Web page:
All of them chipped in with trying to take care of Kili. This was partly because he still was family and part of the Company no matter what. And due to the guilt each member felt, believing the matter to be his fault. (On that day Gandalf had forgotten about that magic wishing stream. Dwalin, Balin, and Dori had been quite short-tempered with the lad. Ori and Bofur had threatened him. Bombur, Bifur, Nori had taken offense at his antics. Gloin and Oin viewed him a as nuisance. Bilbo had refused to speak to him after his latest prank. Thorin had had harsh words with him. And Fili had yelled wishing he would go away.)
It was going on three weeks now since the morning the Company woke up to discover the young dwarf had transformed into a tiny kitten. Kili had handled his change of fortune as best he could. Some days he was just totally adorable, seemingly content with all the attention, purring and taking care of his long fluffy white fur. Other days he was obviously depressed, dark eyes filled with unshed tears, meowing sadly.
Every time someone would start to ask "When" or "How," Gandalf would lean on his staff, draw his bushy eyebrows together, hew and haw, and shrug lightly. It was difficult to tell. They could only continue to wait and see. Very unsatisfying answer – if the fierce scowls of Kili's uncle, brother, and distant kin, loud grumblings about the uselessness of wizards by the Ur dwarves, and nervous wringing of the burglar's hands were any indication.
So they did what they could in their own way.
Gandalf kept his peace when Kili used the rough fabric of his outer robes to sharpen his claws.
Ori knitted a little blue blanket to help Kili stay comfortable and warm during the cold nights.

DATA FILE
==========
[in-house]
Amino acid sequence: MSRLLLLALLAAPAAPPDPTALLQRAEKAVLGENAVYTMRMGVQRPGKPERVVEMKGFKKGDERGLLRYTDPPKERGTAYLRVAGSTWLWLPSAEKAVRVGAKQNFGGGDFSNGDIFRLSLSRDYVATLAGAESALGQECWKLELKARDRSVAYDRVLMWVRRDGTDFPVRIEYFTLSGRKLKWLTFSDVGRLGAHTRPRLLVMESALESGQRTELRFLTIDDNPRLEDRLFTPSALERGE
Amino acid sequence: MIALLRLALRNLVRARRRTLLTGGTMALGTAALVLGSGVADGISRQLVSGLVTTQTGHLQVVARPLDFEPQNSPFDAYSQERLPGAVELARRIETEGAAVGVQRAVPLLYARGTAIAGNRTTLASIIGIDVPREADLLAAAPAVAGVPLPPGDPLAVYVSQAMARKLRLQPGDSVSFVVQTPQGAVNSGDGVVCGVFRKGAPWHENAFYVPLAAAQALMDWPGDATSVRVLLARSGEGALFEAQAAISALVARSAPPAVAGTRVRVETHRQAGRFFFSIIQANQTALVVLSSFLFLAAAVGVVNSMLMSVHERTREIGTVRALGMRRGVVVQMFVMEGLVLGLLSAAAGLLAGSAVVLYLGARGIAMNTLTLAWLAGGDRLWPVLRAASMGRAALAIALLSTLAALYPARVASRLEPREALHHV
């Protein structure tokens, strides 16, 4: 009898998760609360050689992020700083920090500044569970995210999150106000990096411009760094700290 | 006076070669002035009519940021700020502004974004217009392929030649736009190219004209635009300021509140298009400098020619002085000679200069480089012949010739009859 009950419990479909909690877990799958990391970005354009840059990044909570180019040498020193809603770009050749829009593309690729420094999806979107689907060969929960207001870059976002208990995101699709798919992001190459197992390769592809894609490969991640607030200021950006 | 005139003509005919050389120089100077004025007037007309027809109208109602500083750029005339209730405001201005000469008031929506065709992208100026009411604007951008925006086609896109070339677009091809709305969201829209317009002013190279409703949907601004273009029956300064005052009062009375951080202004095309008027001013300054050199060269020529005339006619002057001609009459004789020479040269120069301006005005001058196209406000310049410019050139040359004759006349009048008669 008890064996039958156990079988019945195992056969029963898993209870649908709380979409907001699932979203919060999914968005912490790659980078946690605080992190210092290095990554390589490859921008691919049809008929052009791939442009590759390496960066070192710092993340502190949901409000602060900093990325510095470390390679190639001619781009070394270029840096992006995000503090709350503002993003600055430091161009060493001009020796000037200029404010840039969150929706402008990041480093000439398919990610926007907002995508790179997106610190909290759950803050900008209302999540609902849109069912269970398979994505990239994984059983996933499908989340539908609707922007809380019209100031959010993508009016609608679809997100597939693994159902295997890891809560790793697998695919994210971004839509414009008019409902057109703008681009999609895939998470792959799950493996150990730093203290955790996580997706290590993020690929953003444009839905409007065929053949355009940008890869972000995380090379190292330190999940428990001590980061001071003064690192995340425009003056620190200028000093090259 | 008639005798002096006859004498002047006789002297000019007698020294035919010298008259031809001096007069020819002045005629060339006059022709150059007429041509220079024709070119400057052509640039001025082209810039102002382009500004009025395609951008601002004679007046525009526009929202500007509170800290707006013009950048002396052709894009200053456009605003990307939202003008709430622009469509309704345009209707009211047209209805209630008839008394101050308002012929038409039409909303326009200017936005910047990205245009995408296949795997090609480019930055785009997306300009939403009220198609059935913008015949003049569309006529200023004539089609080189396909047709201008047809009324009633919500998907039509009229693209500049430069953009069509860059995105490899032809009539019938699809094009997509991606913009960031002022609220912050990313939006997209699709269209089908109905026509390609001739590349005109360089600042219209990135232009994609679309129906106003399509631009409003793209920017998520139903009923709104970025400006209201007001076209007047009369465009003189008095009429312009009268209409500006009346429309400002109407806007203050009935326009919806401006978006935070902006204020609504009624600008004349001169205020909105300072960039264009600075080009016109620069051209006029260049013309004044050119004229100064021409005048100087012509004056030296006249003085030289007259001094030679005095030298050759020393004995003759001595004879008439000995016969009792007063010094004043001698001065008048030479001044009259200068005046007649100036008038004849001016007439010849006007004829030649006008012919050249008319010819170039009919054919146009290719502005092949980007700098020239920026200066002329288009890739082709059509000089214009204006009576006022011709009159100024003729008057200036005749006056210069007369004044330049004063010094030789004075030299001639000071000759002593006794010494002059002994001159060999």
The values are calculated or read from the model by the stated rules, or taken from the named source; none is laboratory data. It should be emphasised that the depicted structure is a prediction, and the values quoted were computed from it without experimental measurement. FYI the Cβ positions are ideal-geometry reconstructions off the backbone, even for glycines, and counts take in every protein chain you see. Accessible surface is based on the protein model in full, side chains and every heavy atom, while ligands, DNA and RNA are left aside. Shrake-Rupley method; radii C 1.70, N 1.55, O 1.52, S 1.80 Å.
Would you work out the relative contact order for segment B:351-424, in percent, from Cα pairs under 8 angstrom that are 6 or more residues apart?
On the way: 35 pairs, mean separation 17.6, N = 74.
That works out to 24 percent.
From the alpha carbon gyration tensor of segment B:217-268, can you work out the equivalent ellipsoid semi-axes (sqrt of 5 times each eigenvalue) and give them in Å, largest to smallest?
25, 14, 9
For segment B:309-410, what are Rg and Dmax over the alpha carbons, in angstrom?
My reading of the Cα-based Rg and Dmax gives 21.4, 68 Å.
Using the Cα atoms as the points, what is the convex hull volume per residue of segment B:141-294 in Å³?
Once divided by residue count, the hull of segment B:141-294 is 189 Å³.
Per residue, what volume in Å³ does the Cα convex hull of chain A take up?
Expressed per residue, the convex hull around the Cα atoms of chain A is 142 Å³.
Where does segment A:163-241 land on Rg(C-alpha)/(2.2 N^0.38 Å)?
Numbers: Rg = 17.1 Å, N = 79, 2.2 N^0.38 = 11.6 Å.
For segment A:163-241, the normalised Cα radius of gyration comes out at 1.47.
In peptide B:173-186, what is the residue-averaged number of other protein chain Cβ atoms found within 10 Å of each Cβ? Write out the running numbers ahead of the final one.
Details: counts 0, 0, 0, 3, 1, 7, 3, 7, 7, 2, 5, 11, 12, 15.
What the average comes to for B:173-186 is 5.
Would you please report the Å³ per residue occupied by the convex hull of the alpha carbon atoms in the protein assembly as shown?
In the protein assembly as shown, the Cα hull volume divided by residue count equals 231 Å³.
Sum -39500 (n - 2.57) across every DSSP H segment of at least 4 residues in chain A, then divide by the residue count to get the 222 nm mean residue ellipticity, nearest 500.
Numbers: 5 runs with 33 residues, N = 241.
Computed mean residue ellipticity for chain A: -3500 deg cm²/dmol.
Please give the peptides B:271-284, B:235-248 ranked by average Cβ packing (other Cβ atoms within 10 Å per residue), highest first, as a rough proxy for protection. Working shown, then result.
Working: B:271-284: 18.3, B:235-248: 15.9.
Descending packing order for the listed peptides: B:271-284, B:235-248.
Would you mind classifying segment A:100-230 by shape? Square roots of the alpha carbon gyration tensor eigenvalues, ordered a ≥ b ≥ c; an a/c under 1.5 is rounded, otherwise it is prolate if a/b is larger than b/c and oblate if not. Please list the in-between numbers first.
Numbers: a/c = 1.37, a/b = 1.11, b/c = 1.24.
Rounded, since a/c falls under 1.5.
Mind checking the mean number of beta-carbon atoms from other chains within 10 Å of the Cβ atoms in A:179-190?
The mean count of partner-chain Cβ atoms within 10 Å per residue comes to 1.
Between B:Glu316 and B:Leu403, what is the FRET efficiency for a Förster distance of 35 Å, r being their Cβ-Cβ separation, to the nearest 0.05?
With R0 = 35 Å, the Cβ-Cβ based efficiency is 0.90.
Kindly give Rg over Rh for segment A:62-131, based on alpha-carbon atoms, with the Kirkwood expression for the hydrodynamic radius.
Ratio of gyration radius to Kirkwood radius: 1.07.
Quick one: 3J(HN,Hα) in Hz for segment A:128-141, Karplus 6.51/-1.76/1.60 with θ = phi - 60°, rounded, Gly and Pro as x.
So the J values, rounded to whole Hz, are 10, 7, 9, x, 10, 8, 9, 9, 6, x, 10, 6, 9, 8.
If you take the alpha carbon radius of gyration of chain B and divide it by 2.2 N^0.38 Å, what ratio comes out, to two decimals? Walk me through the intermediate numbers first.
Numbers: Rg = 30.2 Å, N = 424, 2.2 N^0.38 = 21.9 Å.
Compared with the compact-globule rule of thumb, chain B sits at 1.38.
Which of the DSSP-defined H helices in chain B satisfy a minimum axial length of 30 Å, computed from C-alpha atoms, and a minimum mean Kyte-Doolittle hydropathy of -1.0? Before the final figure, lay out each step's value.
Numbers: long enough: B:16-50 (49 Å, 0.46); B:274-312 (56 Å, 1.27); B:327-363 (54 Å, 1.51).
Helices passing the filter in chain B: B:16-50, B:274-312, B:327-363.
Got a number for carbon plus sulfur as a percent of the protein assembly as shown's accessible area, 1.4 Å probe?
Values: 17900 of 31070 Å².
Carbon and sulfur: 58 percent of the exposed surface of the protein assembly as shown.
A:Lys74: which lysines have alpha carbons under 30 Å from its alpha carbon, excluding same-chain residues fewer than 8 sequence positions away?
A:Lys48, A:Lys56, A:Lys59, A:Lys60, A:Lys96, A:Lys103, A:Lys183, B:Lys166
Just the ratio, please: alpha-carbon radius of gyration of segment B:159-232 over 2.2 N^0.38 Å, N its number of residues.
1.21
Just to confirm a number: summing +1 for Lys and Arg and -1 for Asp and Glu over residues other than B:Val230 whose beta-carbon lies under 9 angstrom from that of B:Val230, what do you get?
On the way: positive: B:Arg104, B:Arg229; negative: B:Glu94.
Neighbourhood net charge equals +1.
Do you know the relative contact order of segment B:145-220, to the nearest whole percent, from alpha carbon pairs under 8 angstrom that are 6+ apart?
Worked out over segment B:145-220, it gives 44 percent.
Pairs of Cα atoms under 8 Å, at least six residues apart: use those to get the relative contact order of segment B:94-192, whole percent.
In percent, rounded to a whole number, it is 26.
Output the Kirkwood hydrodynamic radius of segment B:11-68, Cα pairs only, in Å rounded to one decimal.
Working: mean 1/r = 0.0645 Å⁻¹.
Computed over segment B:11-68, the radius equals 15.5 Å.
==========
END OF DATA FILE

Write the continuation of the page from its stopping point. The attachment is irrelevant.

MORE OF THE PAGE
Fili retrieved his brother when the silly, curious thing would dart off and get stuck up in a tree for his troubles at scouting before the Company could stop him.
Dwalin rescued Kili when he stumbled across his cousin facing off with a large unfriendly fox.
Bombur gave Kili a little bit of raw meat he had set aside before cooking the Company's supper.
Bifur shared the water in his canister with the young prince, nervous at the thought of the kitten being swept away by the river if he attempted to get a drink.
Nori used Ori's stolen quill as a plaything with Kili, who enjoyed chasing it and being tickled with it.
Gloin sang an old dwarven lullaby to sooth the trembling kitten frightened by the crashing thunder and bright lightening in the middle of the night.
Balin combed the burs from Kili's fur, encouraging him that he would be his old self any day now.
Bofur allowed Kili to curl up into his side under his cloak, sheltered from the heavy rain.
Oin removed the thorns from Kili's paws after he tumbled into a thorn bush.
Dori picked up Kili when the kitten rubbed against him, carrying the tired lad for the rest of the day's trek.
Thorin remained majestic, not protesting, while Kili climbed up onto his head, settling down in his hair and purring quite contentedly (and no, it was a grunt his nephew had drawn out of him, not a chuckle).
Bilbo gently nudged his nose against Kili's, a trick which he'd learned helped chase away the sadness from the kitten's dark eyes. Only today it was failing miserably. The hobbit pulled back to see Kili staring back with big wet eyes.
"Oh, no! Please don't cry, Kili! Please don't," he pleaded. "I know. I wish you were a dwarf again, too."
Bilbo made a comforting noise in the back of his throat. "Kili…," he sighed, gently kissing the top of his furry head.
There was a moment where the air seemed to twist and Bilbo discovered, instead of a bundle of fur in his hands, that dark locks of hair were suddenly under his fingers. His shocked, high-pitched squeak caught everyone's attention.
Kili grinned, surprised, delighted. "I'm me again!" Laughing brightly, he leaned forward two inches to press his nose against the wide-eyed hobbit's.
His thanks were drowned out by whoops and cheers and shouts as they became engulfed in a group hug by twelve overjoyed dwarves. At the edge of group Gandalf smiled and nodded satisfactorily. Well done, Bilbo Baggins.